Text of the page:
Like a magnificent phoenix risen from the ashes, Istanbul has had a turbulent past. Previously under the rule of three empires, Turkey now stands tall and proud boasting to be one of the largest tourism destinations in the world.
Having four distinct seasons, we somehow found ourselves there in the peak of winter and in the middle of a blizzard. None the less it was beautiful to see Turkey under a light dusting of snow and it certainly didn’t stop us from seeing all that it has to offer. The capital of Turkey is Ankara, not Istanbul as some might think. Istanbul is famous for its location, its bridges connected to Asia and Europe.
Shopping in Turkey Istanbul.
No trip to Istanbul would be complete without visiting the Grand Bazaar. Over five hundred years old and sprawling over sixty streets offering over five thousands shops, there is a travel curio with your name on it.
The Grand Bazaar has up to 350 000 visitors a day. Items for sale include Turkish lamps (I schlepped a six tear chandelier with me all the way back to South Africa in a back pack), spices, textiles, leather goods, restaurants, sweet treats and of course Turkish Delights.
Haggling is expected, so don’t insult the vendors by offering the marked price. I bought the most amazing tan lamb’s leather jacket. The manikin in the window tempted me and I literally emptied my pockets and wallet to get it, but still at a very good discount.
You will most likely also be approached by a young attractive locals who will try lure you to their family owned back street store. It’s understandable that not being on the main drag they need to lure tourists into their hidden stores trying to sell knock off brand names as originals. These items are often overruns and have all the brand name tell-tale signs. I still have Polo shirts that are ten years old with years of wear left in them. You are not obliged to buy anything, but just be cautious and don’t follow anyone alone.
Taksim Square is another popular shopping district located in Beyoğlu. The infamous Istiklal Avenue is 1,4 km long and offers brand name stores (originals), restaurants, art galleries, nightclubs, bars, theatres, cinemas, and bazaars. It’s open late and the happening spot to be seen.
“Must Do” Istanbul Excursions.
Hagia Sophia and The Blue Mosque – Both Mosques are iconic historical landmarks in Istanbul and are not to be missed. Once inside The Blue Mosque you’ll see how it got its name. Thousands of blue handcrafted tiles adorn the walls. The tiles depict traditional Ottoman patterns with an amazing central dome measuring forty three meters. Both mosques are fully functioning so you will be expected to respect local customs. Silence is observed and knees, shoulders and upper arms need to be covered. Women need to cover their heads, so make sure you have a scarf with you. Entrance is free and donations are welcomed.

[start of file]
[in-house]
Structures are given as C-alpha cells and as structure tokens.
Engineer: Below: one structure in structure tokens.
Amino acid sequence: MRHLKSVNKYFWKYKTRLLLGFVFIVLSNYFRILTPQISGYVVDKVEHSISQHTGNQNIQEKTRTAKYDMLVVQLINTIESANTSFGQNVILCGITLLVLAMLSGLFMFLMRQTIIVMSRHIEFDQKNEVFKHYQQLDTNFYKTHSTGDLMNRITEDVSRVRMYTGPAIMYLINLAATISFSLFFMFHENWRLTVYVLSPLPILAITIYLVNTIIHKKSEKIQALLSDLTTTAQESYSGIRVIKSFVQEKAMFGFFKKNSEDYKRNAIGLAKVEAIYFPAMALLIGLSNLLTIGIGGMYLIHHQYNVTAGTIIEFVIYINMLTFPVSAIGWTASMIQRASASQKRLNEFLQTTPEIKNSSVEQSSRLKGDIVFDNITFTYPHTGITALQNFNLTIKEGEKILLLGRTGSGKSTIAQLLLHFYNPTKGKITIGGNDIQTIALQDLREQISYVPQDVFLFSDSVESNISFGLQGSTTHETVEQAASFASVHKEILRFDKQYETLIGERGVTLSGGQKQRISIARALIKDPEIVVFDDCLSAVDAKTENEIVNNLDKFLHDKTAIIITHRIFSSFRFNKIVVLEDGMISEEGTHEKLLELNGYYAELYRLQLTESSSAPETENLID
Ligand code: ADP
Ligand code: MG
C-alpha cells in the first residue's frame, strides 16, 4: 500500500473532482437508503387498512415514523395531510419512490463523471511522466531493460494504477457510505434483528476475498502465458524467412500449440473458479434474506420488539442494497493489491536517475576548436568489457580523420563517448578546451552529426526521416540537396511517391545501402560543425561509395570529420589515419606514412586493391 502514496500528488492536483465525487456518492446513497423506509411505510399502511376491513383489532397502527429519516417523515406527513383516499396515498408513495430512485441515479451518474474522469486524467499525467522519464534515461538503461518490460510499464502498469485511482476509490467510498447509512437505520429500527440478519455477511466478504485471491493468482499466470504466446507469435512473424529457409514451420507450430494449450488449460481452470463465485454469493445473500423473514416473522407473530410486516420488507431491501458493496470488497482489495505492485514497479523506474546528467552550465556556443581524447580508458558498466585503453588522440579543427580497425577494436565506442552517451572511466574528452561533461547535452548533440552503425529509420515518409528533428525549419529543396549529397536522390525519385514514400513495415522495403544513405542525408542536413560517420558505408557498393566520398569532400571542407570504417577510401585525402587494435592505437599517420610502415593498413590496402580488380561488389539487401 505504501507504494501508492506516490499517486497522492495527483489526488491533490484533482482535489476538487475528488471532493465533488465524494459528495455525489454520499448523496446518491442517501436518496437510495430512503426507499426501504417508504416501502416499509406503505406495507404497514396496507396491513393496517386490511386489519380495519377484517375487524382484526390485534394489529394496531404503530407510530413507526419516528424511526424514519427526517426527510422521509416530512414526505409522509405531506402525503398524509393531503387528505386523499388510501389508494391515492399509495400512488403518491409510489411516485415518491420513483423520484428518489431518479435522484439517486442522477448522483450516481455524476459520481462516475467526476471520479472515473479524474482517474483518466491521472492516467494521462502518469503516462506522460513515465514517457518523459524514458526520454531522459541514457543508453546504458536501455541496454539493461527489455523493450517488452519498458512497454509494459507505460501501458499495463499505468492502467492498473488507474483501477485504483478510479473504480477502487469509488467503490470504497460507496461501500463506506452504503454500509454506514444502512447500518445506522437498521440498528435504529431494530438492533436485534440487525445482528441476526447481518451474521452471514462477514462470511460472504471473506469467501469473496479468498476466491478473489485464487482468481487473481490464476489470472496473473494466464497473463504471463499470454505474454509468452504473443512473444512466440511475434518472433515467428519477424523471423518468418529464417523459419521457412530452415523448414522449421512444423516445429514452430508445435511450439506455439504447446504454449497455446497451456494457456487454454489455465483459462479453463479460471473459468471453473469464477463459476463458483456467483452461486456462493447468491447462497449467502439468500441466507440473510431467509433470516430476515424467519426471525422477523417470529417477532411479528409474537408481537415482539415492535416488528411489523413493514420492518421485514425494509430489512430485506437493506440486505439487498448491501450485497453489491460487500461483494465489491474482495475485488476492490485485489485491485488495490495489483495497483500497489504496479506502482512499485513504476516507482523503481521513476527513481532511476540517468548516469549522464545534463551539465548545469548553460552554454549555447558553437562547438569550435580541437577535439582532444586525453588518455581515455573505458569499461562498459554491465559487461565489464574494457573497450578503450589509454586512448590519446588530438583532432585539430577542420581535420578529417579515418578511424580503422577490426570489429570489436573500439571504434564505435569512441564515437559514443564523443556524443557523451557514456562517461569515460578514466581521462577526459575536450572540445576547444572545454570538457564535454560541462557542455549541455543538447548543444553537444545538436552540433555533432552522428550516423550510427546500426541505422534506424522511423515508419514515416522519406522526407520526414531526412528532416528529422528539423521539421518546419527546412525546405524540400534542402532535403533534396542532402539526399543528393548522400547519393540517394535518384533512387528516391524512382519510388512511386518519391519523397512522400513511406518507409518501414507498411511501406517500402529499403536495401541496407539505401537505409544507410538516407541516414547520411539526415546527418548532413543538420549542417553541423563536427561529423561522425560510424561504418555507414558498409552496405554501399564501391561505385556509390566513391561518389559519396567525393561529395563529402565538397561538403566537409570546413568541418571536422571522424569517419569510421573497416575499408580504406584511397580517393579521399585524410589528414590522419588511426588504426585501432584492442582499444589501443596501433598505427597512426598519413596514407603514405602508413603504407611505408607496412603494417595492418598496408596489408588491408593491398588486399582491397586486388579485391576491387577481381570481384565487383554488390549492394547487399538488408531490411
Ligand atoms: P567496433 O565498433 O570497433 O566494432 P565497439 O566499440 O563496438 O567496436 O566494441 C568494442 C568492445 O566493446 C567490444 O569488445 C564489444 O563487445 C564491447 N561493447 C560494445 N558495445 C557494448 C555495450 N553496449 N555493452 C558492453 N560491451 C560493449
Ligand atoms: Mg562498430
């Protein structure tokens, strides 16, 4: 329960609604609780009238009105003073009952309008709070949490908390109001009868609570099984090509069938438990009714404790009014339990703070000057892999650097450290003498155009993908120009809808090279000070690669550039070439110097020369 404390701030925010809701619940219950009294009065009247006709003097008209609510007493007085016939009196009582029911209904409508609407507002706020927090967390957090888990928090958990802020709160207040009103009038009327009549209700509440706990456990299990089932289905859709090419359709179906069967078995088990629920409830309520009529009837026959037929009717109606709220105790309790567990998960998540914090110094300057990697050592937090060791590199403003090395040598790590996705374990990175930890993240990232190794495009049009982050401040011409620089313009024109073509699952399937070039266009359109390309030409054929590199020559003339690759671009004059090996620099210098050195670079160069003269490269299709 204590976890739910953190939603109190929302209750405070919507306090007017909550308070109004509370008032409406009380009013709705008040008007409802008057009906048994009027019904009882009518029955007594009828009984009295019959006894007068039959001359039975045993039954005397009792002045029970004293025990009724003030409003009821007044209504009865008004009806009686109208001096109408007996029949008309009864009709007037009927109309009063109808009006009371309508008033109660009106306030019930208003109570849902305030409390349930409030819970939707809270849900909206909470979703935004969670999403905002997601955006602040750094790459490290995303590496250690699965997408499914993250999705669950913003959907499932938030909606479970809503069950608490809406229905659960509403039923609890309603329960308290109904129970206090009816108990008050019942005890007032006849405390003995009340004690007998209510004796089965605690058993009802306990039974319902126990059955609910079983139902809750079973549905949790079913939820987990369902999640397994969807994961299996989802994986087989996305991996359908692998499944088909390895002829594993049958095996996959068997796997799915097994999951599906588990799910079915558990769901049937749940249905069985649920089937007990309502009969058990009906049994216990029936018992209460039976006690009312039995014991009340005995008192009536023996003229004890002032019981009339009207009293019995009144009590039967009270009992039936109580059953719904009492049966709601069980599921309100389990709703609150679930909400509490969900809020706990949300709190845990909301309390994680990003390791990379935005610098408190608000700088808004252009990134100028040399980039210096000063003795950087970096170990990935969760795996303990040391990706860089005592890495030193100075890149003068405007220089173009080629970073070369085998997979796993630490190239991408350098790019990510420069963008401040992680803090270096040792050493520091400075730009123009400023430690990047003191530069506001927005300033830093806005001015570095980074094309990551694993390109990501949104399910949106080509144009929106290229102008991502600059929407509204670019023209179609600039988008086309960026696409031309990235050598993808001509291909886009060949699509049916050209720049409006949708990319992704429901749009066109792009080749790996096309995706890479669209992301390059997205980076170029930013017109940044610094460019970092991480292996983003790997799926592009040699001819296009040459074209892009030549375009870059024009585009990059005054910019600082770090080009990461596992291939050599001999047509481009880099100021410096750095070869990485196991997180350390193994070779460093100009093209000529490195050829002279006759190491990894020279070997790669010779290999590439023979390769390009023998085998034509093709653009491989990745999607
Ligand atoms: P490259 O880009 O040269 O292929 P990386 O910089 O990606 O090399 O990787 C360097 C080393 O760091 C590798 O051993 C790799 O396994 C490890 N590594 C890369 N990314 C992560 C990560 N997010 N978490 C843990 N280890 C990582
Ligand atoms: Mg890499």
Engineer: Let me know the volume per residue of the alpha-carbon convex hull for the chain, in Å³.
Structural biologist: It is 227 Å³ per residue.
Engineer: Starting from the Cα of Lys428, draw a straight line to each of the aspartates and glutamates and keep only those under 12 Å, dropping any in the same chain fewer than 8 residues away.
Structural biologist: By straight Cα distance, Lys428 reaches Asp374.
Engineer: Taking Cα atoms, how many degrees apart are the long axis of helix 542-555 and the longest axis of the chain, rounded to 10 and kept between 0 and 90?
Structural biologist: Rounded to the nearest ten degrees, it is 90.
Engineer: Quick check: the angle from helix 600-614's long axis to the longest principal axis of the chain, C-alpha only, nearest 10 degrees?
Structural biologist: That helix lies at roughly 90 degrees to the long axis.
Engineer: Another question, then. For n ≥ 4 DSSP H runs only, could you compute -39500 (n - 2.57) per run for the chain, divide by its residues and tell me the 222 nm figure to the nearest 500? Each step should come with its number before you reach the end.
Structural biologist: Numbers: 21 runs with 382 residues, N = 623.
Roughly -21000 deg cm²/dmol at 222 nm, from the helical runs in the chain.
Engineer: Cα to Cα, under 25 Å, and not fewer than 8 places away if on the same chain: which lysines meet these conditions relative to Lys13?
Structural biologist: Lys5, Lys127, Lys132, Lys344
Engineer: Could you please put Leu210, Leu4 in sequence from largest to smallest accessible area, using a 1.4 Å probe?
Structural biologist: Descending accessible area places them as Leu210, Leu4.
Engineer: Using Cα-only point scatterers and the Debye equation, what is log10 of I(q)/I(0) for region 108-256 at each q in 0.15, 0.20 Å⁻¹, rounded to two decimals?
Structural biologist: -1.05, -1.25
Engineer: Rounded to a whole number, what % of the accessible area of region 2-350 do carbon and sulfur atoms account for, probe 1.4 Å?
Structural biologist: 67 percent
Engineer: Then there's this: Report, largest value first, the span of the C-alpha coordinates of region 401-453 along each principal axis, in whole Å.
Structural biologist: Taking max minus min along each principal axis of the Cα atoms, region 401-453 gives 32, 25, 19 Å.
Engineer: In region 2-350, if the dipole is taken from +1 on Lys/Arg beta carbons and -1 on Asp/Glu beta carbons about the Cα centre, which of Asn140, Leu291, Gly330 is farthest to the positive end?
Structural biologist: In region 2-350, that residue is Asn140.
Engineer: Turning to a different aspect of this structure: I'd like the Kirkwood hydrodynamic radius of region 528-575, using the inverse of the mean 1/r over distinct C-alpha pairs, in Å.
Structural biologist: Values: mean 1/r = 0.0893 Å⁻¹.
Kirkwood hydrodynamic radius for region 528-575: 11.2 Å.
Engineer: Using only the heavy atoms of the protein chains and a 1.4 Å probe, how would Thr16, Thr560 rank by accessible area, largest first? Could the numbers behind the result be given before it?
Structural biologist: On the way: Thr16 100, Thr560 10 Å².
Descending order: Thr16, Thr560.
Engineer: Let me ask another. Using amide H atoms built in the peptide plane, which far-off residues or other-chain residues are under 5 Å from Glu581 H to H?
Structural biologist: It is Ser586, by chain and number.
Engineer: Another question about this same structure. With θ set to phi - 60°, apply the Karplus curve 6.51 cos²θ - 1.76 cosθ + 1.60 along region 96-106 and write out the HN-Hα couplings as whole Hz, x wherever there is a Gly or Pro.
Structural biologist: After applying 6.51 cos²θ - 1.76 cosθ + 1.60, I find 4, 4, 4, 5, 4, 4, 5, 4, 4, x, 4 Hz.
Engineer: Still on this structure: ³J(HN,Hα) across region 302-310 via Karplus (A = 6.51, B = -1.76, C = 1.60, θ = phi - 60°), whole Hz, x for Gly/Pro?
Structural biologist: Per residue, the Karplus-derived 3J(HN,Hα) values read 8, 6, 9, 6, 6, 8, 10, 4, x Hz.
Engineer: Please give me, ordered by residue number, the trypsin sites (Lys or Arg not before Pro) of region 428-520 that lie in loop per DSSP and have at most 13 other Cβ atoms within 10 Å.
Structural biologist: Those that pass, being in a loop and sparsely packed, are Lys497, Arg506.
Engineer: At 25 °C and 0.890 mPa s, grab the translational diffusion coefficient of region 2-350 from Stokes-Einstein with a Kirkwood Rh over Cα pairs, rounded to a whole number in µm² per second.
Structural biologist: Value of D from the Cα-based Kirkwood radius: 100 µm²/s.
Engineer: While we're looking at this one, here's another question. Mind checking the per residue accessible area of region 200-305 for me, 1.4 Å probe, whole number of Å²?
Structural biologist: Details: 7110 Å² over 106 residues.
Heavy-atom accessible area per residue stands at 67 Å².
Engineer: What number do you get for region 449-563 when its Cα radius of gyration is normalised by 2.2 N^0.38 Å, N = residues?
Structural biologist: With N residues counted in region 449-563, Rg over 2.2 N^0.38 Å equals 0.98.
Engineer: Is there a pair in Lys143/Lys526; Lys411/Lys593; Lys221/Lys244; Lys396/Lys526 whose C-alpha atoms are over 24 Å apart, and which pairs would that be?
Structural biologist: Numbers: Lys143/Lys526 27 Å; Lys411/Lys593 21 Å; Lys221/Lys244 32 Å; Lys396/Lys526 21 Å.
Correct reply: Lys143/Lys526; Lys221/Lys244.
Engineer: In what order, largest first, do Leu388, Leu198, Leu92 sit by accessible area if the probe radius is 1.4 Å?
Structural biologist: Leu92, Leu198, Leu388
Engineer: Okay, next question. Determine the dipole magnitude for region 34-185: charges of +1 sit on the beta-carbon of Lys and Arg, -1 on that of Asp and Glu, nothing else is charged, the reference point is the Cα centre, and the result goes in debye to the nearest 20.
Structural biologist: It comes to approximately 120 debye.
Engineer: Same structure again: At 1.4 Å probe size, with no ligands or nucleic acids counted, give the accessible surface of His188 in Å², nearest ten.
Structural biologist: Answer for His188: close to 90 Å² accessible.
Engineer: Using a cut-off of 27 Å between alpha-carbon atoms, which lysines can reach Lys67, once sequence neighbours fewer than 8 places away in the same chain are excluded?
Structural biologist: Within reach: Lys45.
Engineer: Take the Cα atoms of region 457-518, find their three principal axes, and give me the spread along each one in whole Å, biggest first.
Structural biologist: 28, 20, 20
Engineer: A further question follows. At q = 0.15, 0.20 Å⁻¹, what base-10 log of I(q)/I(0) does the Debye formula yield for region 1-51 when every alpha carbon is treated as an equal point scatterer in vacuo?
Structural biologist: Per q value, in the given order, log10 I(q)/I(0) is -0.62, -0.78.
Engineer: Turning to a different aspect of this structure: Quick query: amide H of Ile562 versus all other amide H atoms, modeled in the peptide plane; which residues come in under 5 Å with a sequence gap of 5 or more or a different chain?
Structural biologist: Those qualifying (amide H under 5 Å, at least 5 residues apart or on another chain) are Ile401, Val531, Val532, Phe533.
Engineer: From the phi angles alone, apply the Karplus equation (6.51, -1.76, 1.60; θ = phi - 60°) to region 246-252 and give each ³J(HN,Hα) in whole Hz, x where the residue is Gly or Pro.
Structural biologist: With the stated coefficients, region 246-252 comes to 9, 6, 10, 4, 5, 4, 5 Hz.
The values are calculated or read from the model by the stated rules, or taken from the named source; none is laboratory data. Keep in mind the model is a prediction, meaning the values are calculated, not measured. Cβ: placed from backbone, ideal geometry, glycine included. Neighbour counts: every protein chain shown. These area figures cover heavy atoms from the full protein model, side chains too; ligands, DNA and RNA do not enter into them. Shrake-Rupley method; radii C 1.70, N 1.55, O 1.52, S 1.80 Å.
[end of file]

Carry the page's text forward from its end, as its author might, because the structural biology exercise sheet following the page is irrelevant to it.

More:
Take note that there are also five daily prayer times, so plan your visit around this.
The Basilica Cistern – This is the largest of several hundred ancient cisterns beneath İstanbul. It was built between the 3rd and 4th centuries during the Early Roman Age. Ancient texts state that this basilica had gardens. Inside this sunken basilica, you can find two columns reused blocks carved with the visage of Medusa and the Hen’s Eye.
Hammam’s – this is basically a bath house with sauna’s, steam rooms, cold showers, essential oil massages and salt body scrubs. There are many of them dotted around Turkey each offering a traditional century-old spa experience. Some popular hammams to look out for are the Beyazit and Sulemaniye baths and Kilic Ali Pasha Hamam in Beyoğlu.
The Cultural Center – a magnificent landmark featuring some of Turkeys traditional performing arts like the whirling dervishes.
Bosphorus cruise – See some of Istanbul’s most beautiful landmarks on this picturesque boat cruise for a really great price. You’ll see some of the city’s historical sights, its palaces and fortresses.
Food & Drink.
Drink – You have to try Turkish coffee at least once in your life! The strong muddy black coffee shot is definitely an acquired taste. The coffee is very finely ground so you have to let the “mud” settle before taking a sip. A sugar lump can be added to help with its bitterness. If coffee is not your thing then try the Turkish apple tea. Very refreshing and served in the most delicate glass cups. You will see these decorative tea sets for sale everywhere.
Raki is an alcohol made from twice distilled grapes and aniseed. Called “Lion’s Milk” due to its milky color when water is added.
Food – mostly inherited from the Ottoman era. It’s a fusion of Mediterranean, Balkan, Middle Eastern, Central Asian, Eastern European and Armenian. You would most likely upset the restaurateur by asking if Baklava wasn’t a Greek dish. There are many culinary similarities from surrounding countries, so it’s best not to put your foot in your mouth. Just smile and enjoy! The best way to experience Turkish food would be sampling the street food or by ordering a variety of meze’s (small dishes) from a restaurant.
We absolutely LOVED Turkey, albeit it in a snowstorm. The people are very hospitable and friendly, the shopping was amazing, and the food presented a different culinary experience. We’re definitely heading back to see it in warmer conditions.
Planning a trip to Turkey? See our Travel Resource page and start searching for the best flight tickets.